Financially the night was an outrageous success. Although, in almost every other way, it can only be catergorised as an unmitigated disaster. Trouble began after booking, what the singer of Snuff described as a "Polish" PA. After leafing through the 'Public Address Systems" section of the Yellow Pages I had settled on the aforementioned 'eastern european' system from a company called "Show Sound". I had negotiated a good price for what was described by Mr. Show Sound as a '5K rig'. Unfortunately semantics had tainted my choice of PA. It became apparent that the "show" in his organisations handle referred to the agricultural variety rather than the musical type to which I equated it. The system had arrived in the back of a flatbed land rover, and once the two tin cans had been connected by pieces of string to the amplifier, one could barely hear oneself think. The bands refused to play. I pleaded with them to play. They cancelled the gig. They cancelled it again, then said they would play. Snuff and the less than pleased Frankie Stubbs of Leatherface asked me for the fifteenth time how long it took to ship "that heap of shite here from Gdansk" and "can you ask Lech Walesa to give us a bit more in these monitors?". They refused to play again. Then they saw the amount of people waiting in the car park to see them, hundreds, and I think pity got the better of them and they said they'd go ahead with the gig.
The doors opened about two hours late. This thankfully, gave us the chance to cancel Sleepers set. The guitarist had done to much acid and put simply, just wasn't really up for it. I remember nothing about the gig itself, aside from the look of pure evil that Frankie Stubbs reserved for me from the stage. What I do remember is having what amounted to a grand in cash stuffed inside my leather jacket all through the gig.
When it ended and, the time came to pay the bands, the crowd disappeared and so did my co-promoters, the Pycraft brothers. I was left with two pissed off bands their assorted co-horts and a shedload of cash hidden inside a coat. They wanted more money than we had promised them. I sat in a corner of the Noyce, surrounded by them. They said they had seen how much we had taken - I gave them some more money. Where were the fucking Pycrafts? They said we had taken more money than that, they wanted more. I gave them more. I said I was cleaned out. I'd paid them as much as the Charlatans had wanted. They still wanted more as the night had been such an ordeal. I didn't really have any choice but to give them more cash - apart from gettting kicked around the centres dressing room (I bet Matthew Kelly never acted like this, he left happy with a pair of green trousers and a copy of the board game 'Operation'(some pieces missing)'). I gave them more money. Eventually they left. I breathed a sigh of relief and found a pretty decent whack of cash inside the lining of my jacket.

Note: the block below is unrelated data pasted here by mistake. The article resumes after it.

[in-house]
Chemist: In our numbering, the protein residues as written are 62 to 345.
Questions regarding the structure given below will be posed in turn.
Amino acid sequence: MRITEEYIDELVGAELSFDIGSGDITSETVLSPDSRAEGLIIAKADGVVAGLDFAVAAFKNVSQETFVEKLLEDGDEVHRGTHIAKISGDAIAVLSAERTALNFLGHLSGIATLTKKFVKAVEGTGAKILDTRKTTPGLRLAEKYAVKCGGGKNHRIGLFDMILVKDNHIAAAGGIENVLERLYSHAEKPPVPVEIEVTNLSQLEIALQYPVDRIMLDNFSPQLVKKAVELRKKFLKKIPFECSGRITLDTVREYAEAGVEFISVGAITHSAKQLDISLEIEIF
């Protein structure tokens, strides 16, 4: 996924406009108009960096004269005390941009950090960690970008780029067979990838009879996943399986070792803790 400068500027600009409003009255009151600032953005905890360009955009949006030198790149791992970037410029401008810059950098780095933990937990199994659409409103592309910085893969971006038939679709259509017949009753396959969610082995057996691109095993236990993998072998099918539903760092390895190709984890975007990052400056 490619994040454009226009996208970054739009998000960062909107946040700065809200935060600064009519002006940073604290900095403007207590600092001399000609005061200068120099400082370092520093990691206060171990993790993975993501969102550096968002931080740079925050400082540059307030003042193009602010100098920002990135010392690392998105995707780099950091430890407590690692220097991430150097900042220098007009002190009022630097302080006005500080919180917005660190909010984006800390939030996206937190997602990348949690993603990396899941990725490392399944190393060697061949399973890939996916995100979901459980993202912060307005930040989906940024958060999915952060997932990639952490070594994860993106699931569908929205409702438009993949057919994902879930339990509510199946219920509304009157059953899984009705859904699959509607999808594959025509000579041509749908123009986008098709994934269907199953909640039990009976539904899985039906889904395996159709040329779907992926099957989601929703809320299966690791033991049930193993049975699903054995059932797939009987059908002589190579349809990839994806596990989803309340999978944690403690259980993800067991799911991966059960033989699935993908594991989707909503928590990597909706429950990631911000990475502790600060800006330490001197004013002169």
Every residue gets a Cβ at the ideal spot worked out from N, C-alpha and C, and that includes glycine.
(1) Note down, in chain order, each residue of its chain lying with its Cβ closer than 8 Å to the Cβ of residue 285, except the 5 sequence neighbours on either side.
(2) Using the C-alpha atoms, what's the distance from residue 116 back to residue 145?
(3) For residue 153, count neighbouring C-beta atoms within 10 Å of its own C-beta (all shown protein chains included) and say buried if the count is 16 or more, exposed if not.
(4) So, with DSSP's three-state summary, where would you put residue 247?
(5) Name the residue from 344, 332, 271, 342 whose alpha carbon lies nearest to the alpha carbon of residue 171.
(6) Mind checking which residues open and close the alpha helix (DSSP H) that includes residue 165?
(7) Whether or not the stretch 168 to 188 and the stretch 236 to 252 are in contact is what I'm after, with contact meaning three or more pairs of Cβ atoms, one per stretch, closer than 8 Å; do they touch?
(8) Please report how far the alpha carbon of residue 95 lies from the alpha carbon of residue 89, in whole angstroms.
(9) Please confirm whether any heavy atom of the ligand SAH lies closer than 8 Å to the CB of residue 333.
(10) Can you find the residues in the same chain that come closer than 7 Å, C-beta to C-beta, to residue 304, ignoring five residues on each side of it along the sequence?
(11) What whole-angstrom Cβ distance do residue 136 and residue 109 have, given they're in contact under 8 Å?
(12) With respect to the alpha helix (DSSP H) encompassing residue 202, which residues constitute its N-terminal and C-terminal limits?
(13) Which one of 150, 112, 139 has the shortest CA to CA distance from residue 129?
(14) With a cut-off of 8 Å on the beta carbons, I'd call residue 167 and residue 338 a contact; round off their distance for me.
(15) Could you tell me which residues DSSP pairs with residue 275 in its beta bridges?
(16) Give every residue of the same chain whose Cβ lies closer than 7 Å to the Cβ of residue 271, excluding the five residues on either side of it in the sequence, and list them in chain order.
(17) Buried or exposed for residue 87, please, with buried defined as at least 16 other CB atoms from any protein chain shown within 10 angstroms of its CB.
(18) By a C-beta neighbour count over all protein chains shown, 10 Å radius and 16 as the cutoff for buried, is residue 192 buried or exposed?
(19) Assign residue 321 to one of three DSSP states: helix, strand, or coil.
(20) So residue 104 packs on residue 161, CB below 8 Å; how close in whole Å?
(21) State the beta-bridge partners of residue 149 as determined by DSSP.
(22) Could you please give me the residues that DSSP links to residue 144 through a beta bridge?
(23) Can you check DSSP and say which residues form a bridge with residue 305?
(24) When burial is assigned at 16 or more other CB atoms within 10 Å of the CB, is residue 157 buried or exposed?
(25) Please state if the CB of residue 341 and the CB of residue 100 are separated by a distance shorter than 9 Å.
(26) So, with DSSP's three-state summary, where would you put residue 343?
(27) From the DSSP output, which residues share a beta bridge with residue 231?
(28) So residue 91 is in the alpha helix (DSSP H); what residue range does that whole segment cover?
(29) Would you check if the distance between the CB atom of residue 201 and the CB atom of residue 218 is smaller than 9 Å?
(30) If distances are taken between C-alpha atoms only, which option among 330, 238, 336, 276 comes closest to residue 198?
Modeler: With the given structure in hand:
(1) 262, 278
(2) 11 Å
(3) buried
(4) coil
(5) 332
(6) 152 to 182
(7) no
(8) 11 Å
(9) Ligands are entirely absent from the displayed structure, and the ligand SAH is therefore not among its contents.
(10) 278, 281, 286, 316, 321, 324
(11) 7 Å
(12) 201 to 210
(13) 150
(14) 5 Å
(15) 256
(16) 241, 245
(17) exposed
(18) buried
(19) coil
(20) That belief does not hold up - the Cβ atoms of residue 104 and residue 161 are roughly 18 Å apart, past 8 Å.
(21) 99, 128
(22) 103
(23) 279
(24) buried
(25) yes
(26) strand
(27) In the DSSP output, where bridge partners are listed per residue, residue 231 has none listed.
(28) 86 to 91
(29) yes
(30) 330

I've never been able to think of Snuff or particularly Frankie Stubbs Leatherface in quite the same way since. I was slightly suprised to see that the latters 'Mush' has just been re-released. And also that it sounded quite good. Not that I would go as far as to say that it was a British Zen Arcade, like some have. Snuff were always a pretty good laugh, bran flakes, kwik fit fitter and assorted pop hits (Tiffany's "I think we're alone now" played at hypeer fast speeds) although there was really only one joke there. However, musically, they had a couple of inspired punk moments - I still like the track below. And if you ever see either band, that extra whack of cash went a long time ago.